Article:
Fortitude in face of loss bears fruit

Leanne Matsinger, of Matsingers Berry Farm, in her recently developed hydroponic strawberry patch...
Leanne Matsinger, of Matsingers Berry Farm, in her recently developed hydroponic strawberry patch. PHOTO: SALLY RAE
A North Otago berry fruit business has grown to be the largest producer of strawberries in the South Island. Business and rural editor Sally Rae speaks to the remarkable driving force behind the operation.

If strawberry plants came in pink, then Leanne Matsinger would probably place a bulk order.

For the North Otago berryfruit grower is particularly fond of the hue and, when she bought a new tractor, she even asked if it was possible to get it in that colour.

Sadly it was not, and when she heads out at 2am with the floodlights blazing to go spraying in the still of the night, it is on a conventionally coloured workhorse.

Wind the clock back to 2010, and Mrs Matsinger did not know how to drive a tractor. Nor how to grow strawberries.

But following the sudden death of her husband Simon at the age of 45, she has grown the business in Peebles into the South Island's largest strawberry producer.

That was an unintended consequence, she said, as her sole focus had always been on doing the "right thing" for their three children.

Stylish, bubbly and incredibly determined, Mrs Matsinger speaks candidly about her unexpected transition to successful businesswoman in tragic circumstances.

Matsingers Berry Farm has been a North Otago institution since it was established in 1955 by her husband's father John and his brother Len, who had both migrated from Holland.

Her husband returned to the farm, near Papakaio, aged 24 and worked alongside his parents.

"He loved it - he loved growing strawberries and he loved his sheep. He loved everything about it," Mrs Matsinger recalled.

In June 2010, her family's world was turned upside down when her husband died suddenly at home.

Elder son Marcel and Mrs Matsinger pumped his heart 600 time while waiting for the ambulance to arrive, but to no avail.

Mr Matsinger had a condition called hypertrophic cardiomyopathy (HCM), in which a portion of the heart becomes thickened without any obvious cause, resulting in the heart being less able to pump blood effectively.

His doctor had advised him not to be a farmer, as it would be too hard on his heart, but he was passionate about farming. He also did not like people knowing he had HCM, nor did he like sympathy.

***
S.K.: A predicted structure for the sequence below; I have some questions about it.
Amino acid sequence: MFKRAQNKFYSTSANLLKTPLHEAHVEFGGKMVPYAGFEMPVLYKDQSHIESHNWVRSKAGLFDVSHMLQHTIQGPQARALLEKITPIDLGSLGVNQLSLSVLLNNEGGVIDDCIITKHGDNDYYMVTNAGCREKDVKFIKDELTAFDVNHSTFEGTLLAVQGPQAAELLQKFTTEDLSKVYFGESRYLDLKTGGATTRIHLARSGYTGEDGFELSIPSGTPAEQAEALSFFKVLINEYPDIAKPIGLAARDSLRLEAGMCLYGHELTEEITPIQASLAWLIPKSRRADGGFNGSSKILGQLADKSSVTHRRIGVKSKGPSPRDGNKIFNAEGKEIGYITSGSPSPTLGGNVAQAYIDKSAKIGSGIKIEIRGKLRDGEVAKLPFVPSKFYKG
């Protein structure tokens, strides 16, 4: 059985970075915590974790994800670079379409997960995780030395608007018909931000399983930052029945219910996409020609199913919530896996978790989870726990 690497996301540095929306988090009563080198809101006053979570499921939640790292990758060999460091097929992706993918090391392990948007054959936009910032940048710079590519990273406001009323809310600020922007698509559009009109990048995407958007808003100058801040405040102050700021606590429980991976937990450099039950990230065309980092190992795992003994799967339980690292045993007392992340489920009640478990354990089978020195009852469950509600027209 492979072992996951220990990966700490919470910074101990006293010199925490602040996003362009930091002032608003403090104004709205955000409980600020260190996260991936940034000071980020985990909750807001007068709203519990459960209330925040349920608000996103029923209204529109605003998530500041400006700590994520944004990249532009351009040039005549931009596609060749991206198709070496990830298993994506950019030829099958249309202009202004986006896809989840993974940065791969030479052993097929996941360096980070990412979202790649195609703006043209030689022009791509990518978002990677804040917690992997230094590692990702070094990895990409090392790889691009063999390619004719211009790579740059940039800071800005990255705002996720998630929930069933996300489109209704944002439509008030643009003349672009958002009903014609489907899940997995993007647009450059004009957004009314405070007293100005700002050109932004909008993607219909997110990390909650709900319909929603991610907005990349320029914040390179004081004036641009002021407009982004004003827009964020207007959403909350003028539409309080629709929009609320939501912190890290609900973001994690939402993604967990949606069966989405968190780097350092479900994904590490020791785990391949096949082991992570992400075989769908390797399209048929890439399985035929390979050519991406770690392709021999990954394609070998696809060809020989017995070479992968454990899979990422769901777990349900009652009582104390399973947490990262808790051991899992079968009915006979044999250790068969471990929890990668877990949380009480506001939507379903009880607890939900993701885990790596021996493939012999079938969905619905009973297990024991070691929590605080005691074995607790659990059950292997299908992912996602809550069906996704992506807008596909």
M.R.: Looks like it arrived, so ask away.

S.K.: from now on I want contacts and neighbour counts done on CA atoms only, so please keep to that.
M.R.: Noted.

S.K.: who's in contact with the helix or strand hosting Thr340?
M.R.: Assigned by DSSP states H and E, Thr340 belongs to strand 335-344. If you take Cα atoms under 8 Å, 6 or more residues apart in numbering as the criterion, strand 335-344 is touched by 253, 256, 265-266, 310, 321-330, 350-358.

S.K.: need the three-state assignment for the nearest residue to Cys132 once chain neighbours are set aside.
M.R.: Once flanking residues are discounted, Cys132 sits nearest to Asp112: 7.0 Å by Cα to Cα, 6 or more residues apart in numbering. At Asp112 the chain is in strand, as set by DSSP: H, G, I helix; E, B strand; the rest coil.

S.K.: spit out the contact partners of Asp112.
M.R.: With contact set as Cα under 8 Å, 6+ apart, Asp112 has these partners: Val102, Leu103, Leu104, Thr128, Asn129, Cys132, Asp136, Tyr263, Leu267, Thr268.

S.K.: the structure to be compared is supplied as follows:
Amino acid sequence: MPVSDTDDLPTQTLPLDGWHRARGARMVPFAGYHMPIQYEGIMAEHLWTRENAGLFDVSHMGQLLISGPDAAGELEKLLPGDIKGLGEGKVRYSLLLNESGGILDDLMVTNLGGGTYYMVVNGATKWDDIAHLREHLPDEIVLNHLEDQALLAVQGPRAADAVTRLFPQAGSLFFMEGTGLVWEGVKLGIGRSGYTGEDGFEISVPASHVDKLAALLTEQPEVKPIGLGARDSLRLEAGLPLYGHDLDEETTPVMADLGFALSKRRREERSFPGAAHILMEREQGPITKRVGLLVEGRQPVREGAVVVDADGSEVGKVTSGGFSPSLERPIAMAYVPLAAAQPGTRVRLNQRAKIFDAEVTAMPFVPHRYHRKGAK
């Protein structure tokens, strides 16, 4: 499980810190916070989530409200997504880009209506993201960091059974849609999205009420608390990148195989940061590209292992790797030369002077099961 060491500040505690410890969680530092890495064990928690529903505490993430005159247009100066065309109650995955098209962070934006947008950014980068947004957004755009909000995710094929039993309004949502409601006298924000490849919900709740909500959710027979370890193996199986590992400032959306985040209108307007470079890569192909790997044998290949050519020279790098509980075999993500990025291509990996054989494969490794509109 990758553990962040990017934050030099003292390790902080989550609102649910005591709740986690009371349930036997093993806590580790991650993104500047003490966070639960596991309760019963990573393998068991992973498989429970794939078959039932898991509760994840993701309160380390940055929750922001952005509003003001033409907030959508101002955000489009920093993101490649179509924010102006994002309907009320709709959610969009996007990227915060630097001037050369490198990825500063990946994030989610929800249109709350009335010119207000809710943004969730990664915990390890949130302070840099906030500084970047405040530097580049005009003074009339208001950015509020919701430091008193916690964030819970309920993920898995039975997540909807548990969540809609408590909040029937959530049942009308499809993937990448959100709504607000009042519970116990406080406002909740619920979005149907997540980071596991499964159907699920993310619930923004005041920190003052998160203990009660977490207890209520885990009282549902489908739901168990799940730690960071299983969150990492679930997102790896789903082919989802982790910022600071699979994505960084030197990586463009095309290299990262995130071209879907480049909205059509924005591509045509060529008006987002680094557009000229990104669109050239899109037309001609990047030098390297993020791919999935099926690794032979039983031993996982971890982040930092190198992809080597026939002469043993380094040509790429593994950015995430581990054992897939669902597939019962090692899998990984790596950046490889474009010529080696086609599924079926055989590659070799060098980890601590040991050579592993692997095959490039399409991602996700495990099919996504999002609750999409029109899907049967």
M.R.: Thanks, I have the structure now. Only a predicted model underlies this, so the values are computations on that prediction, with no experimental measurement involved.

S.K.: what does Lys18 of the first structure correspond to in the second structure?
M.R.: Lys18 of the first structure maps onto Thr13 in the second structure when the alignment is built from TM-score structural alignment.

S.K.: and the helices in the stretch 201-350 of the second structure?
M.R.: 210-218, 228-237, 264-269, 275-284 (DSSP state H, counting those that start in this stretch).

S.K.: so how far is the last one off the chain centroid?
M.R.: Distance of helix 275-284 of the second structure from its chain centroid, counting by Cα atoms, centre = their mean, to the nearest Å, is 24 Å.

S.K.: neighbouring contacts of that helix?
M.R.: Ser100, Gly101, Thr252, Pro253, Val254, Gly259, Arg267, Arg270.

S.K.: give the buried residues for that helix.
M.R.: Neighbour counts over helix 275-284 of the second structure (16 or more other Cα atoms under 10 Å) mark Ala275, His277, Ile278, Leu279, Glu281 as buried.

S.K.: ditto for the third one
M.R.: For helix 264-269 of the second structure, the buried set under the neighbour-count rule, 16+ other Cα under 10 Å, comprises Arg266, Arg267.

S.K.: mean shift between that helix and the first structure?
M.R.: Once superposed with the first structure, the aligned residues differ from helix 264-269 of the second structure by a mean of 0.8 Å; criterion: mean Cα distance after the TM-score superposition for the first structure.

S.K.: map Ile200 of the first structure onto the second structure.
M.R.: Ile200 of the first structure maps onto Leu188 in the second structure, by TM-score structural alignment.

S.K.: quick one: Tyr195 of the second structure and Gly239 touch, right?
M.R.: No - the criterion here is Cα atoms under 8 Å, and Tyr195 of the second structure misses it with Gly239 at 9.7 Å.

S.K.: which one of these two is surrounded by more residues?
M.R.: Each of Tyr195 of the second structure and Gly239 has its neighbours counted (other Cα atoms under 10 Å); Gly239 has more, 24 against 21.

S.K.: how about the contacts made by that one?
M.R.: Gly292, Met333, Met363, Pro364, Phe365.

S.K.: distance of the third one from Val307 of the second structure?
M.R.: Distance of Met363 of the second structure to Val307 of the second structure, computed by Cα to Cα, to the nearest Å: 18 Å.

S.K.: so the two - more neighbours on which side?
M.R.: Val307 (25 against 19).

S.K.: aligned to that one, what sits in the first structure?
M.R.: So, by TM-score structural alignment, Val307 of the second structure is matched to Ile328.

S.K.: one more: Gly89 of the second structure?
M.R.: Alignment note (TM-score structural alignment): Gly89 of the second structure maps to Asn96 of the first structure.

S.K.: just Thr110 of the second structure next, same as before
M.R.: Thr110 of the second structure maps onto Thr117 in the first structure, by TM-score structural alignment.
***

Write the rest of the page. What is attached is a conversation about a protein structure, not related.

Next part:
Mrs Matsinger said she asked him one day what what would happen to the family if something happened to him and he told her she could lease out the farms and they would be "fine".

But that was not entirely an option for her when she suddenly found herself a widow with three children and three properties - a 202ha dryland farm, a 94ha irrigated property and another 15ha block.

"I had to keep things very similar to what the children knew. They had the biggest thing taken away from them.

"If I stayed here, did what Simon did, this was their home, their hub, what they knew ... to grow strawberries. This was their life.

"I loved fashion and I still love lipstick but I knew I had to do the right thing for our children. I did it for my children. If I didn't have [them], I would have sold it all," she said.

Despite being grief-stricken, she "hit the ground running" - selling livestock and leasing out farmland while retaining the berry farm as she began to learn all the intricacies of running the operation.

Previously, that side had been left to her husband and parents-in-law, while she worked at a women's clothing store in Oamaru, a job she loved, and concentrated on motherhood.

In fact, she used to curse the summer strawberry season - the best time of the year to have holidays - "and we worked".

And while she used to be involved with packing and picking, "I was the clown - I used to throw fruit, lie in the patch," she recalled.

The day Mr Matsinger died, 50,000 strawberry plants arrived and needed to be planted, and the close-knit Papakaio community swung into action to get them in the ground.

She was profoundly grateful to the community, Mrs Matsinger said. Friend Joce Butler organised the local women to cook the family meals every night for six months, and the support had been ongoing.